Her press release describes her as the daughter of "Academy Award winner Jane Wyman and President-elect Ronald Reagan." But Maureen Reagan, in town yesterday promoting her new export services firm, insists she isn't trying to trade on her father's new job. Her relationship to the president-elect, her press release said, was mentioned only as a "point of interest."
"The services we offer really are important to people," Reagan said. "All we do is trade. No lobbying." The company, she said "would do well even if Sadie Glutz started it."
Reagan -- a 20-year veteran of Republican activism, former talk show host, Hollywood personality, gung-ho supporter of her father's presidential bid and ardent advocate of women's rights -- started her company about a year ago, the same time her father began campaigning heavily for the presidency. The year-old Woodland Hills, Calif.-based firm --Sell Overseas America, The Association of American Export -- was formed to help small- and medium-sized businesses to export. It is the offshoot of a magazine she helped start two years ago to acquaint overseas buyers with American products.
Reagan seems to approach the export business with the same fervor as a campaign stumper. She laughs loud and often, tells jokes and preaches about her export crusade to anyone who might become a convert. She calls her company the "automobile club of export trading."
"We know there's a need for overseas exports," Reagan said. "We know there are over 400,000 companies and only 27,000 are exporting."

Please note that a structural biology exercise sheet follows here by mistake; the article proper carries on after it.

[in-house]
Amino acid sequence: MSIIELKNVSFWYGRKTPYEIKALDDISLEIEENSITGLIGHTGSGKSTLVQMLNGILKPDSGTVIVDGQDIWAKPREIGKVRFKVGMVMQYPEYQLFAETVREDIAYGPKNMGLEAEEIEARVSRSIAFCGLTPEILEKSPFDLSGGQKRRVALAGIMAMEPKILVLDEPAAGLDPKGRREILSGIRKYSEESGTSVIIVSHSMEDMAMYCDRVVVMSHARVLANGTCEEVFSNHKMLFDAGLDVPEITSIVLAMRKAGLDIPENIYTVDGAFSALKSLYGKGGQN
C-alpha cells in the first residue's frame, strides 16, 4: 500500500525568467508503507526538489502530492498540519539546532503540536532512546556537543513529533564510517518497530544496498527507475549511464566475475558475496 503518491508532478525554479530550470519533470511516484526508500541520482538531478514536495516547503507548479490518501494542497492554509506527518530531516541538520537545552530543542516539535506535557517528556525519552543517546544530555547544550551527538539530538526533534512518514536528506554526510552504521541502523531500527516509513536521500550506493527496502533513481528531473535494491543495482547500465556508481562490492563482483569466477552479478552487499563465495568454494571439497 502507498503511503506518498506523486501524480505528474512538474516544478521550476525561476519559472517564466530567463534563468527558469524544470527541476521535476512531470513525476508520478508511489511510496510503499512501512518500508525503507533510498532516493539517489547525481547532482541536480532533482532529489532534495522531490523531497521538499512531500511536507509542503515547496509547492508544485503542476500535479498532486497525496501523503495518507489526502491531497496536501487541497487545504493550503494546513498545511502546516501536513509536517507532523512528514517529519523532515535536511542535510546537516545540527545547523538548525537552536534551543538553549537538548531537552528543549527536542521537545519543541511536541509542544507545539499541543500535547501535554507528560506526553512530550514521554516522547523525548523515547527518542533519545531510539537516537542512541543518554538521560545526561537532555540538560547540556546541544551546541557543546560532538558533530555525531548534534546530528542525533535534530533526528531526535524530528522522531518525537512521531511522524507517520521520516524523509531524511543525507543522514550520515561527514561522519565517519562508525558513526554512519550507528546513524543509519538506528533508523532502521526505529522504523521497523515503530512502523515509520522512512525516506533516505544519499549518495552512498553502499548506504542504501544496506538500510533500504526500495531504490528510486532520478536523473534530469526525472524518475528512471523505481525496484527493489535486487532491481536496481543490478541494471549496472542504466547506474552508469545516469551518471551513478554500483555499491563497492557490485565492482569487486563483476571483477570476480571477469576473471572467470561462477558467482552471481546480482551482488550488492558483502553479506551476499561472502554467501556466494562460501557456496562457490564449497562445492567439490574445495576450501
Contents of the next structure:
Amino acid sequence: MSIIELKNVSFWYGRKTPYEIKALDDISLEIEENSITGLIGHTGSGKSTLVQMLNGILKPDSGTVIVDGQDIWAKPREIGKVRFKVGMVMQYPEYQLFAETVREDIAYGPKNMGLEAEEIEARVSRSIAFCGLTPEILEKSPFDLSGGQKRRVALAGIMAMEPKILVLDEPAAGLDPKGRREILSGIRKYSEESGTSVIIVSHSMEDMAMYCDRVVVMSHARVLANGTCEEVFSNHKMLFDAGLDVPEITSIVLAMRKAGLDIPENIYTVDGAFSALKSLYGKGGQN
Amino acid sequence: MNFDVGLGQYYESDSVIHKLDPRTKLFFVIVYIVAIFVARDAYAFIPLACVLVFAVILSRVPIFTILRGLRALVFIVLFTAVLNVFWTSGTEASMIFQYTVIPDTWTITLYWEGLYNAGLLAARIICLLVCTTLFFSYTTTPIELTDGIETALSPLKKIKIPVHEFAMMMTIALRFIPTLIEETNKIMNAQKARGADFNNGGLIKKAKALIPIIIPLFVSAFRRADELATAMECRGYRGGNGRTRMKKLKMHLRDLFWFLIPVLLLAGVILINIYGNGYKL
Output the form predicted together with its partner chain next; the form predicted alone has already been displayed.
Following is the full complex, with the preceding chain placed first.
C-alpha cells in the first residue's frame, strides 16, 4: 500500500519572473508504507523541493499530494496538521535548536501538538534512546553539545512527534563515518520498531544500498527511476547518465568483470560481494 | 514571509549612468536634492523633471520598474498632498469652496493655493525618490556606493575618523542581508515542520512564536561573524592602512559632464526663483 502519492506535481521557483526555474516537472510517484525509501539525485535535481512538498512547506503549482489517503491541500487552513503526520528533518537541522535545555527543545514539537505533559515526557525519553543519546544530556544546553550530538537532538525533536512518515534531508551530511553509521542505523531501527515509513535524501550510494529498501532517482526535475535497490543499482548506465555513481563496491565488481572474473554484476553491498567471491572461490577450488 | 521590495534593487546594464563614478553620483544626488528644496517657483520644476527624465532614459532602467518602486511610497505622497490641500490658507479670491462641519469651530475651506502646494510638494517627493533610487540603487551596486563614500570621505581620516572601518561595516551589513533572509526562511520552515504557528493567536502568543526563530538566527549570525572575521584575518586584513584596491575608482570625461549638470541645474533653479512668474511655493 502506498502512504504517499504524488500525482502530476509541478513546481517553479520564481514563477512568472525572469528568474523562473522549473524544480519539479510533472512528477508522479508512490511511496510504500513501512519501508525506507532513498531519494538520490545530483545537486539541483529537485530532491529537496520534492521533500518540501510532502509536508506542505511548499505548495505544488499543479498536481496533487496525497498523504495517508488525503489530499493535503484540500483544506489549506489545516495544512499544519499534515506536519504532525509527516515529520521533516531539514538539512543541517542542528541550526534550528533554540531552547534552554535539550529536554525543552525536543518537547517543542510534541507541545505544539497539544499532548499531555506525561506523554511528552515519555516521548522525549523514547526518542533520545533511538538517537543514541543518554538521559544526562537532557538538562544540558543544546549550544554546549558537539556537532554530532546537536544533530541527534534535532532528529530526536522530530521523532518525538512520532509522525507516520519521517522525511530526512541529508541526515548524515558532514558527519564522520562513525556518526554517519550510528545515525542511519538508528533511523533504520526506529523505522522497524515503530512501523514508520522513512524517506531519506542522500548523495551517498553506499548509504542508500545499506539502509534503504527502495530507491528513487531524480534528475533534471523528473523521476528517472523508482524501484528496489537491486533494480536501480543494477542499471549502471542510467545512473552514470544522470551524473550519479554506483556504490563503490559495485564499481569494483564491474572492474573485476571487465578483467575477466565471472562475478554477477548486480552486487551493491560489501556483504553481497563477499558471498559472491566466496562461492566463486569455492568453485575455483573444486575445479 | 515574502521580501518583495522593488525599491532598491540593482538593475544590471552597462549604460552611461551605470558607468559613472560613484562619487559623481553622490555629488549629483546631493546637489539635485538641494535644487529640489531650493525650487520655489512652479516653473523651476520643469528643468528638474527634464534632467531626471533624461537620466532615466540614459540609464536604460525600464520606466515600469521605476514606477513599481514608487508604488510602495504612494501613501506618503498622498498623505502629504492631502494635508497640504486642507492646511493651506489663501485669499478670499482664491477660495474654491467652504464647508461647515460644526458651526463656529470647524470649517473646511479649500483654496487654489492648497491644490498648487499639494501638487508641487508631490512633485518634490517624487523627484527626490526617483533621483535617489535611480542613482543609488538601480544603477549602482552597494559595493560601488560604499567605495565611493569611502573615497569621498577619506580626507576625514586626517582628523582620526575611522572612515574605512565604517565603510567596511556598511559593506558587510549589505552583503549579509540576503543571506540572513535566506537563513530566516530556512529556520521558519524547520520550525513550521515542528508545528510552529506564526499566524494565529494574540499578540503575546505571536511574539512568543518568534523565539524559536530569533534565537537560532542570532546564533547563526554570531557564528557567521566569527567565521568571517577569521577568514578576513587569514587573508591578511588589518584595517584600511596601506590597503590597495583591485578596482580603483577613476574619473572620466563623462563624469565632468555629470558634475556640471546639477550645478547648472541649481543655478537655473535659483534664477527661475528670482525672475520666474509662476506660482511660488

Reagan said she and her partner, a former president of a "beeper" manufacturing company, formed the company because she wants to help reduce the country's trade deficit.
Reagan, executive vice president of the firm, and her staff of about two dozen people speak before Chambers of Commerce, trade groups and fairs to persuade businesses to export, she said. She uses political techniques such as direct mail, telephoning and knocking door to door to sell Sell Overseas America.
So far, her business campaign has enlisted 1,000 members that pay $100 annually to receive the company's two publications and help in finding exporters interested in their products.
The firm also charges $2,500 for the first year and $1,000 annually to larger corporations such as Occidental Petroleum, Atlantic Richfield Corp. and Computer Sciences Corp. to become charter members which provide export guidance to smaller firms. Reagan said she's trying to convert more of these types, as well as 10,000 smaller firms, in the next few years.
One Califormia firm Reagan said her firm is helping produces illiminated frisbees. They could be marketed in Australia and countries in South America with large recreational coastlines, she said. "That's at the lowest end of the scale" of firms the company helps. Another firm makes galvanized steel stakes to help keep grapevines erect and healthy, she said.
Still another company makes plastic digital clocks that fit on automobile dashboards and tell the date, day of week and time. People might think such a clock would come from Taiwan, Korea or other foreign markets, Reagan said. But she added, "It's made in the good old U.S.A.." m